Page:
Healthcare in the USA is expensive. Americans pay for their medical care either directly or indirectly through their health insurance in most cases. Therefore, ensure that you have a good medical coverage plan upon arriving in the US.

Here are the broadly three types of medical insurance coverage available in the US:

Private Health Insurance

Private health insurance is typically given through your employer or school, although you must purchase it individually if necessary. Your employer can either pay fully for your health insurance or ask you to cover a part of the premium.

Medicaid

Medicaid is a health insurance program used by low-income people, including families with children and pregnant women. It features a joint effort funded by taxes from the federal government and individual states.

Medicare

The Medicare program, administered by the United States government, is a tax-assisted health insurance plan and is available to older Americans over 65 years old.

Healthcare in the USA is expensive. Therefore, it is good to have one. If you have a job in the United States, your employer may provide health insurance benefits. To see if you are covered, speak with your employer to determine what options they offer and how much of that cost they cover. In addition to their contribution, they may ask for other contributions from you as well – so make sure you review all costs carefully.

Following is a glossary of keywords associated with American health care:

  • Premium: The monthly cost of your plan.
  • Deductible: The amount you pay out of pocket before your insurance benefits begin.
  • Co-Insurance: The percentage of expenses you’ll still have to pay after your insurance policy takes effect.
  • Co-pay: What you pay the doctor at every visit.

Important: Make sure you register with a Primary Care Physician (PCP) soon after arriving in the US. Your PCP will be your primary point of contact for regular medical needs, and they can refer you for any procedures or tests that need to be done.

6. Build US credit history

Many new immigrants and international students struggle to begin their new life in the United States with their credit score or credit history from their native country suddenly missing from the land of opportunity, America, which they now proudly call home. The US credit score determines your creditworthiness in the US and will be an important aspect of your financial life in the US.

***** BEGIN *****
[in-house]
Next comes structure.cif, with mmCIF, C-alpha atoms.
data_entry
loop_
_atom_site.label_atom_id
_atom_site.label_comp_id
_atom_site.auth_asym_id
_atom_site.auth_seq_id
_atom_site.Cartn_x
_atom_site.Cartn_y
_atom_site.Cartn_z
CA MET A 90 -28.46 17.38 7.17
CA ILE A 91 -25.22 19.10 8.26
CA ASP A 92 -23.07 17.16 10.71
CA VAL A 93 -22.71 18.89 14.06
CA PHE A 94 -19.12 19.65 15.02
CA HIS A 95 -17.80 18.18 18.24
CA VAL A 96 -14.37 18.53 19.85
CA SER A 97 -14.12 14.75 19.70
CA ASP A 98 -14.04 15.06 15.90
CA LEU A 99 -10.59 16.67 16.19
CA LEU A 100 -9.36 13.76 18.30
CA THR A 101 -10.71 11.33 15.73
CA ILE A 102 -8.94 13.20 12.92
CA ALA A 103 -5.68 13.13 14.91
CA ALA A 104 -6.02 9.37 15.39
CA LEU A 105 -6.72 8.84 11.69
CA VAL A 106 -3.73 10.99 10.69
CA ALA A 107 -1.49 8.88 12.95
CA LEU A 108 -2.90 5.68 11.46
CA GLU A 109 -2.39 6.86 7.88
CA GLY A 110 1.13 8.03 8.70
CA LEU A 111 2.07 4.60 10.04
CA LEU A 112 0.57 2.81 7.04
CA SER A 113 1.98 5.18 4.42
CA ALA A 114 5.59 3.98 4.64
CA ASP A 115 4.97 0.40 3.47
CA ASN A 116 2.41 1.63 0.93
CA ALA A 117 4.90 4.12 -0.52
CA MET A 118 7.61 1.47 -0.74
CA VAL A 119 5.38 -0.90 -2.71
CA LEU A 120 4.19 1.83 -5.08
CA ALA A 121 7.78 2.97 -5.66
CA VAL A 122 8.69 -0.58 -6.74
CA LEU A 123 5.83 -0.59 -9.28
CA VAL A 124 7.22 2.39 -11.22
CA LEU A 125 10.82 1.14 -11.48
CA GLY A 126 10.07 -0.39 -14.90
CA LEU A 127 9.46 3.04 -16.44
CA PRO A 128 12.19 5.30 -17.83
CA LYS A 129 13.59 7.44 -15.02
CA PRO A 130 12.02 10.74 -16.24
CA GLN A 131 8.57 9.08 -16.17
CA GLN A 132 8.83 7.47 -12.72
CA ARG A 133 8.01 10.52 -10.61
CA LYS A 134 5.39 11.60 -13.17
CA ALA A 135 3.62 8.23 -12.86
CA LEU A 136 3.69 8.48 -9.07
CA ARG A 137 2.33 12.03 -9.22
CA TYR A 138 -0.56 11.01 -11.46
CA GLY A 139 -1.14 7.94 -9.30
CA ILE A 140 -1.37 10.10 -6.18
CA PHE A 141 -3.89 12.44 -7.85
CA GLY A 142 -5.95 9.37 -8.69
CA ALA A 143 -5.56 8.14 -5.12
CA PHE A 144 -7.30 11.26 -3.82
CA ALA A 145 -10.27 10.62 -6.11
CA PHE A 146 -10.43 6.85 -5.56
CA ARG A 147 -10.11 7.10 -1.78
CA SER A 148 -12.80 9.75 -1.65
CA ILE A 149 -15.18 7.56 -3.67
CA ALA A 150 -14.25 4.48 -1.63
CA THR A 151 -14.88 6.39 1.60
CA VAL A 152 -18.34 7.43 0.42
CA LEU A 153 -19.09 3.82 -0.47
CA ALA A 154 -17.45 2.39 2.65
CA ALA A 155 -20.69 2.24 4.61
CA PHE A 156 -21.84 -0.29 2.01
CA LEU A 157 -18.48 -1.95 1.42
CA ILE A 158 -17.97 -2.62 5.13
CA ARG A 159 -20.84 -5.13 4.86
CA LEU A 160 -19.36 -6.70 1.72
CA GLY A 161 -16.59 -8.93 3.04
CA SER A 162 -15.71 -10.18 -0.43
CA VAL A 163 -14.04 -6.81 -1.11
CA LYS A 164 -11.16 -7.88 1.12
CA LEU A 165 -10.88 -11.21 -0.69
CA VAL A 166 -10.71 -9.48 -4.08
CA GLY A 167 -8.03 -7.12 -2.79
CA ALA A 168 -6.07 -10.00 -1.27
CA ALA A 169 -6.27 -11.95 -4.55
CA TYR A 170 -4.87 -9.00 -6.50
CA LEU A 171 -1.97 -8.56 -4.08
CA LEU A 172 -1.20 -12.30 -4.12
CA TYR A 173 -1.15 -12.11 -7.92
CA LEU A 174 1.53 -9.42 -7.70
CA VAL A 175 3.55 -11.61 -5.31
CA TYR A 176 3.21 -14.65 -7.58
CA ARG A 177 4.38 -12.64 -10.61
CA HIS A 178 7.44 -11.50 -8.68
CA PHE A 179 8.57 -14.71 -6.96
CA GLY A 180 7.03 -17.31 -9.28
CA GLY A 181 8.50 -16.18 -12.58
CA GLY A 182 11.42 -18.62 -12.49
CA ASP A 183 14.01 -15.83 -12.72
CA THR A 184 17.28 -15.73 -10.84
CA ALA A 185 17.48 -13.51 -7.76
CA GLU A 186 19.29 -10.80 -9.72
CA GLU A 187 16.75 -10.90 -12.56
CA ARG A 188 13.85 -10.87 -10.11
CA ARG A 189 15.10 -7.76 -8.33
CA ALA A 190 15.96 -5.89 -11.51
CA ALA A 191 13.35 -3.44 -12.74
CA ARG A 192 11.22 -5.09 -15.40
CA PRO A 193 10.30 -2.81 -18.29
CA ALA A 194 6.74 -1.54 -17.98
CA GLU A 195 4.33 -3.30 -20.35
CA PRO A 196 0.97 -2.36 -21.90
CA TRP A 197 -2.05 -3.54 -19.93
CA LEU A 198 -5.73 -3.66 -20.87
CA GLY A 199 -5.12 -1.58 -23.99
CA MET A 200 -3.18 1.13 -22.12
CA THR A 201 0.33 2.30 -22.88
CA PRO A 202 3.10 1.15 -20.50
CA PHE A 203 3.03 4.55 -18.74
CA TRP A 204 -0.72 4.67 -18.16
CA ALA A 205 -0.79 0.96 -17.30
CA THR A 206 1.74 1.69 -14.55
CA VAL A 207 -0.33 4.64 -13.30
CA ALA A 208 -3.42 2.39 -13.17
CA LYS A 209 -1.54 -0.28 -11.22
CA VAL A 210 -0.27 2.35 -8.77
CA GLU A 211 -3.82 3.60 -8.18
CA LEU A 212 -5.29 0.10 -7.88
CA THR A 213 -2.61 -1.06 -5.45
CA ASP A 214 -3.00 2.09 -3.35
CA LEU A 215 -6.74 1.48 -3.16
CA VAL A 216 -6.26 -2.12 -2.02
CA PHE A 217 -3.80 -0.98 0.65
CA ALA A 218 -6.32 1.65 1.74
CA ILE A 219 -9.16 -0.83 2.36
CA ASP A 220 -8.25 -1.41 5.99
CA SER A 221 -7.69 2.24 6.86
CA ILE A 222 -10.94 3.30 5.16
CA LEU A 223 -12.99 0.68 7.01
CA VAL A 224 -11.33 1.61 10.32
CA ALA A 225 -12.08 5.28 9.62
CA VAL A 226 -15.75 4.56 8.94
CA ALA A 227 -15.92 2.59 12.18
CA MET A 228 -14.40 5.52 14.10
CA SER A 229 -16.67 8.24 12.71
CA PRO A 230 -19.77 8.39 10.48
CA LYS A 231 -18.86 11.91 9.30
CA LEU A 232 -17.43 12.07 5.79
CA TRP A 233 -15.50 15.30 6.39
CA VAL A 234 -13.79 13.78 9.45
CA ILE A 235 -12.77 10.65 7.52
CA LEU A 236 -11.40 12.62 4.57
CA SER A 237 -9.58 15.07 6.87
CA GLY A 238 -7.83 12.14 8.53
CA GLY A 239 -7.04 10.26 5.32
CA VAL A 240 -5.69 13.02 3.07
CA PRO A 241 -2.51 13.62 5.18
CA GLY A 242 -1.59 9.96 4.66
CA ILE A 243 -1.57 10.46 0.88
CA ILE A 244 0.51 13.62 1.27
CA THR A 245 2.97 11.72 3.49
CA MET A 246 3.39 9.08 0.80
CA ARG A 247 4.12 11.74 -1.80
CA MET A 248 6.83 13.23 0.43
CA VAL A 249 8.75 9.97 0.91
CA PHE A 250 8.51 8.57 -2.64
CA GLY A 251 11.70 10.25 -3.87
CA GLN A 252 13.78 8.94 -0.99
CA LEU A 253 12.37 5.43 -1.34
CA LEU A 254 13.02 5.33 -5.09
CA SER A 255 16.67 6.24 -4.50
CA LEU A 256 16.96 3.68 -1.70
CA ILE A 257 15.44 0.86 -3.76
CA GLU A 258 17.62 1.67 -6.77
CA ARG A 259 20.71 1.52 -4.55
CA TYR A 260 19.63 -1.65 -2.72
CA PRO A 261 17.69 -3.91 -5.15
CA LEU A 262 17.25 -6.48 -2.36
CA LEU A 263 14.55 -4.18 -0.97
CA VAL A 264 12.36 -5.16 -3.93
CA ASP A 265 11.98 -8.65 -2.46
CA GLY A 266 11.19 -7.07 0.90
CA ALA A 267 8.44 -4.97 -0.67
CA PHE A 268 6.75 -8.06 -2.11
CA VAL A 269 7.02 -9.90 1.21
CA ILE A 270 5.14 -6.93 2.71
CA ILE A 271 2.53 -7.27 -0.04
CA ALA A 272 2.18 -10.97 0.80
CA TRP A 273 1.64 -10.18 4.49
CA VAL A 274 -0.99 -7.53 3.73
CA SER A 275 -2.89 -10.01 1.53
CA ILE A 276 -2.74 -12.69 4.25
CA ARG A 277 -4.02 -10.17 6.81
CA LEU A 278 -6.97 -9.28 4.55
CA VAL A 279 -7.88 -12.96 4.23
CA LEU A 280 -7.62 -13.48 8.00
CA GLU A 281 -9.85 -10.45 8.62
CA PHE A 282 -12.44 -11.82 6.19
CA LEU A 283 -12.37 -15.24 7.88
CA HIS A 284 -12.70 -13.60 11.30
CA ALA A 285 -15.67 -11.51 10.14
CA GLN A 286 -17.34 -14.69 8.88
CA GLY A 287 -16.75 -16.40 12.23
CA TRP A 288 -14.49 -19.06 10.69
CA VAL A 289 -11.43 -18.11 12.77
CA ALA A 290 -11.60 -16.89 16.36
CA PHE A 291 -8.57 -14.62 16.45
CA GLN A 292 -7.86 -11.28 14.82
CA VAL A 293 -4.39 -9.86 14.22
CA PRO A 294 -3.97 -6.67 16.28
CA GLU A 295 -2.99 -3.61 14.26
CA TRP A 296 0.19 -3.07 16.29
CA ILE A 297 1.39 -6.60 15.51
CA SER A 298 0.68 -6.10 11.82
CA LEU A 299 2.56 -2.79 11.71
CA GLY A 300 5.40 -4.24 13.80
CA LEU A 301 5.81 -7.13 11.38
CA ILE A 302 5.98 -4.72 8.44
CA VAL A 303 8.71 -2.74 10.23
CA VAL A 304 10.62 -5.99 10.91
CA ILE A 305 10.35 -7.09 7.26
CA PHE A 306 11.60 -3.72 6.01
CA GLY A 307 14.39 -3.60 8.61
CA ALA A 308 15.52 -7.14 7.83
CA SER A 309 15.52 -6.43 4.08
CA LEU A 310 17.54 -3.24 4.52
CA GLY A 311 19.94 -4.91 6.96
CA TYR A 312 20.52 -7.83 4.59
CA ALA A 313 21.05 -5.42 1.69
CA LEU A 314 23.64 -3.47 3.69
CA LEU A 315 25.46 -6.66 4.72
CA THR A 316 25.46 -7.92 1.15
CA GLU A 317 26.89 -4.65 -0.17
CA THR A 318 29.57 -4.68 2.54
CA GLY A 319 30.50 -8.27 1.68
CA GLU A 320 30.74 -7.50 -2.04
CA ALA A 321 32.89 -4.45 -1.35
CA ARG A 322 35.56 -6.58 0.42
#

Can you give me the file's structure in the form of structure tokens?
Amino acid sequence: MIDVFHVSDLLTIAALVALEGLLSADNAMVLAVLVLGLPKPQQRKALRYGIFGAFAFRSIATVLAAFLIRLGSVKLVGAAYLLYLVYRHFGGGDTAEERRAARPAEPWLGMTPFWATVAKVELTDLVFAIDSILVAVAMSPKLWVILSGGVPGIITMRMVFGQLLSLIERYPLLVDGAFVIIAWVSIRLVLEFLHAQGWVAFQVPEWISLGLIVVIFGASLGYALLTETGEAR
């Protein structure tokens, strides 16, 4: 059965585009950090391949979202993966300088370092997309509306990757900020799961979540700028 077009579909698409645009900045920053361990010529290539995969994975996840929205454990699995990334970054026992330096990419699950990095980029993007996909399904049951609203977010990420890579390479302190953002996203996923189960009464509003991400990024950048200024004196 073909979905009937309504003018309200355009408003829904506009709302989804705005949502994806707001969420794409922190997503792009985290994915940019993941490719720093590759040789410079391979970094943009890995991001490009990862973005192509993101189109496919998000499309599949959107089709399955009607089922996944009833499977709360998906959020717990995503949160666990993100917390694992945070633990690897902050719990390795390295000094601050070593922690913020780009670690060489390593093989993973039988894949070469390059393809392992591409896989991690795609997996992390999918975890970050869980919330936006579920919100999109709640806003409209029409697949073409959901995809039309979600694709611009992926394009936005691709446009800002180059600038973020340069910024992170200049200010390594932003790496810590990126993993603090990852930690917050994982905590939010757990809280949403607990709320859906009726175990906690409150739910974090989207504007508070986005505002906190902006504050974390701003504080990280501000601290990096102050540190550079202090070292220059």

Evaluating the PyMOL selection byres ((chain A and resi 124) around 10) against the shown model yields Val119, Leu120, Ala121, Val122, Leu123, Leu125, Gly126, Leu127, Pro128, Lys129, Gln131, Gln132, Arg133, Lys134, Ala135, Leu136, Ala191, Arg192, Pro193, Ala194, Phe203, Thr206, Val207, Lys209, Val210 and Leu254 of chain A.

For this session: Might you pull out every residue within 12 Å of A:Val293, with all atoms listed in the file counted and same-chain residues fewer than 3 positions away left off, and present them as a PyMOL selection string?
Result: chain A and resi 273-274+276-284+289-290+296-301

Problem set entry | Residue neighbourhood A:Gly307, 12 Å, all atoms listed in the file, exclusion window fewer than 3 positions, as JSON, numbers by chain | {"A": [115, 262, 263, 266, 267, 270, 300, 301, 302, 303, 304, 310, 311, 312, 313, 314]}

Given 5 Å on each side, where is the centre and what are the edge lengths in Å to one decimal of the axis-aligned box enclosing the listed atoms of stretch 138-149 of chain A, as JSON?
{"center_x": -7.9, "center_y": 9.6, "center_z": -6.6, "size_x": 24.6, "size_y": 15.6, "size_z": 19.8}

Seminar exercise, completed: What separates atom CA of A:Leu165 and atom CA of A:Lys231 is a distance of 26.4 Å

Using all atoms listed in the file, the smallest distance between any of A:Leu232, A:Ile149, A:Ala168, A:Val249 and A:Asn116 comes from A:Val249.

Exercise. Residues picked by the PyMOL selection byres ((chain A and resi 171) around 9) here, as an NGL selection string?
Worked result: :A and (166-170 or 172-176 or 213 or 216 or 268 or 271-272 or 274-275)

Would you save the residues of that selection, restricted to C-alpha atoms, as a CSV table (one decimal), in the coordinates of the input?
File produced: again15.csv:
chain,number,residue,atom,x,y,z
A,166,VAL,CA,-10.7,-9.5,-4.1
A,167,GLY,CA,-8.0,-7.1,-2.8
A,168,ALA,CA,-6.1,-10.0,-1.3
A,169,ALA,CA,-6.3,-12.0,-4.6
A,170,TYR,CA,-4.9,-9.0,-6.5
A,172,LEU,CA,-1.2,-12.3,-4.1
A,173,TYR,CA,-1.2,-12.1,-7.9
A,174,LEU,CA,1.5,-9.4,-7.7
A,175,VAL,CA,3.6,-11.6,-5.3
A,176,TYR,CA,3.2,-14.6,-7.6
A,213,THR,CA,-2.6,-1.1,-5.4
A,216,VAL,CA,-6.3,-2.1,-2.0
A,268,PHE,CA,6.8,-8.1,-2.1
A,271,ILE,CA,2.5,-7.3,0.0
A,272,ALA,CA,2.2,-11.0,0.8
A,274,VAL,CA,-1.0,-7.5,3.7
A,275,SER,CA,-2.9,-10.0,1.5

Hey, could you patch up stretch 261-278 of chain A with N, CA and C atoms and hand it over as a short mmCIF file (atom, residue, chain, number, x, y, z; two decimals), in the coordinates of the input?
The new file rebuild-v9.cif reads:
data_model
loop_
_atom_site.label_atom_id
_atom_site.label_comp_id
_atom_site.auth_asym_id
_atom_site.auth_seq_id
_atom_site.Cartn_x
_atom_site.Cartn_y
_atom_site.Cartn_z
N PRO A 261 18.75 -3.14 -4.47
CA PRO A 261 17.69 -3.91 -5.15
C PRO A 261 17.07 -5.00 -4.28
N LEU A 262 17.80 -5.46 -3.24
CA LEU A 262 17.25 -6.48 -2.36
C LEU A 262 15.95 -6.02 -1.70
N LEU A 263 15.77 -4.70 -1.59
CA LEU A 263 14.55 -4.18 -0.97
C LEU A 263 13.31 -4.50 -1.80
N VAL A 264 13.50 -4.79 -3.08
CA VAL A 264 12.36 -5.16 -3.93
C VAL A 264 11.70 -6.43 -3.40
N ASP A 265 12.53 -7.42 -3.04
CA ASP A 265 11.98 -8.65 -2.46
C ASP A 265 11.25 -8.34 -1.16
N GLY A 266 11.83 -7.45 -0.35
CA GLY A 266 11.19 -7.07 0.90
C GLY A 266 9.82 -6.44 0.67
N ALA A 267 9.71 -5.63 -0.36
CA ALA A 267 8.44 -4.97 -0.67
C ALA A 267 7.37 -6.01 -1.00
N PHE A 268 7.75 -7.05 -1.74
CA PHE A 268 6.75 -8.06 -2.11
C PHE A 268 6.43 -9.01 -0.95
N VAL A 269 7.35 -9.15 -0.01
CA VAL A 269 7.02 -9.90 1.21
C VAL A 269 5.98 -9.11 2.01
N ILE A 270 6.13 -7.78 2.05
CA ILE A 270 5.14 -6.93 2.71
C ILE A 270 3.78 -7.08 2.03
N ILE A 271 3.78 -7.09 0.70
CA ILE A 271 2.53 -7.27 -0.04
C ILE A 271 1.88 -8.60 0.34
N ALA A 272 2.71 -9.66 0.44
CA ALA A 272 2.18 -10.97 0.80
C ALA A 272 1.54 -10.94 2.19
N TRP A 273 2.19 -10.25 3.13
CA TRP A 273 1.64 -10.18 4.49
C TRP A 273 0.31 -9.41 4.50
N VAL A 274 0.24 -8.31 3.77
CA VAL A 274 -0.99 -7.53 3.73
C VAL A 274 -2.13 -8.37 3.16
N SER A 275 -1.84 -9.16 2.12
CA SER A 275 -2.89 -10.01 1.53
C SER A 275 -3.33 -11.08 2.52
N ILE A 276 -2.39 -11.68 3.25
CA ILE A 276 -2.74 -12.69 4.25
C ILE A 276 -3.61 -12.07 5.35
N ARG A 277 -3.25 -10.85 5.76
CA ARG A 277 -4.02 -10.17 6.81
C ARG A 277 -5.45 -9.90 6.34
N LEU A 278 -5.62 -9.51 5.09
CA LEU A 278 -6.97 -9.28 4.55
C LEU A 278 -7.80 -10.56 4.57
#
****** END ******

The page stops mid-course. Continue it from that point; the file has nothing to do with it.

Hence, it’s important to build and maintain your credit history in the US. Ideally, it would help if you started working on your credit as soon as you arrive in the US. The best and simplest way to build credit history in the US is to get started with a US credit card.

Refer to our detailed guide on How to Build Credit and get US Credit Card for New Immigrants & International Students.

7. Housing: Buying a House and Obtaining a Mortgage as a New Immigrant in the USA

Whether you’re coming to the US on a temporary visa for work or study or coming on an immigrant visa (green card), owning a house will be a dream come true. It’s always more cost-effective to own a home than to rent in the long run. You may use your monthly housing rental payments towards accumulating equity in a property that is increasing in value. Purchasing a home has additional benefits from an investment standpoint. It helps to accumulate wealth over time.

Contrary to what you might think, you do not have to wait two years or more to build a good US credit score before being eligible for home financing in the United States. In addition, some US lenders offer foreign national mortgages to US newcomers and Non-residents with no US credit history at competitive rates. This makes it possible and affordable for you to start researching your options to buy a house in the USA even before arriving.

Consult our comprehensive guide on how to get a mortgage as a new immigrant with no credit history in the United States.

US Mortgages with no US credit history

US Mortgages for Foreign Nationals & Expats

Get pre-qualified for a US Mortgage as a foreign national buyer without US credit history.


Buying a house in the US as a foreign national can be quite intimidating, especially if you are not aware of how the US real estate process works. If you’re considering buying a property in the United States as a US newcomer or as a non-resident foreign investor, this step-by-step guide will tell you everything you need to know about how to buy real estate in the United States from start to finish.

When you are ready to buy a house in the US either shortly after arriving (with the availability of home financing for newcomers) or after settling in the US; you should ideally work with a real estate agent who has expertise in working with foreign national clients, such as a real estate agent with CIPS designation.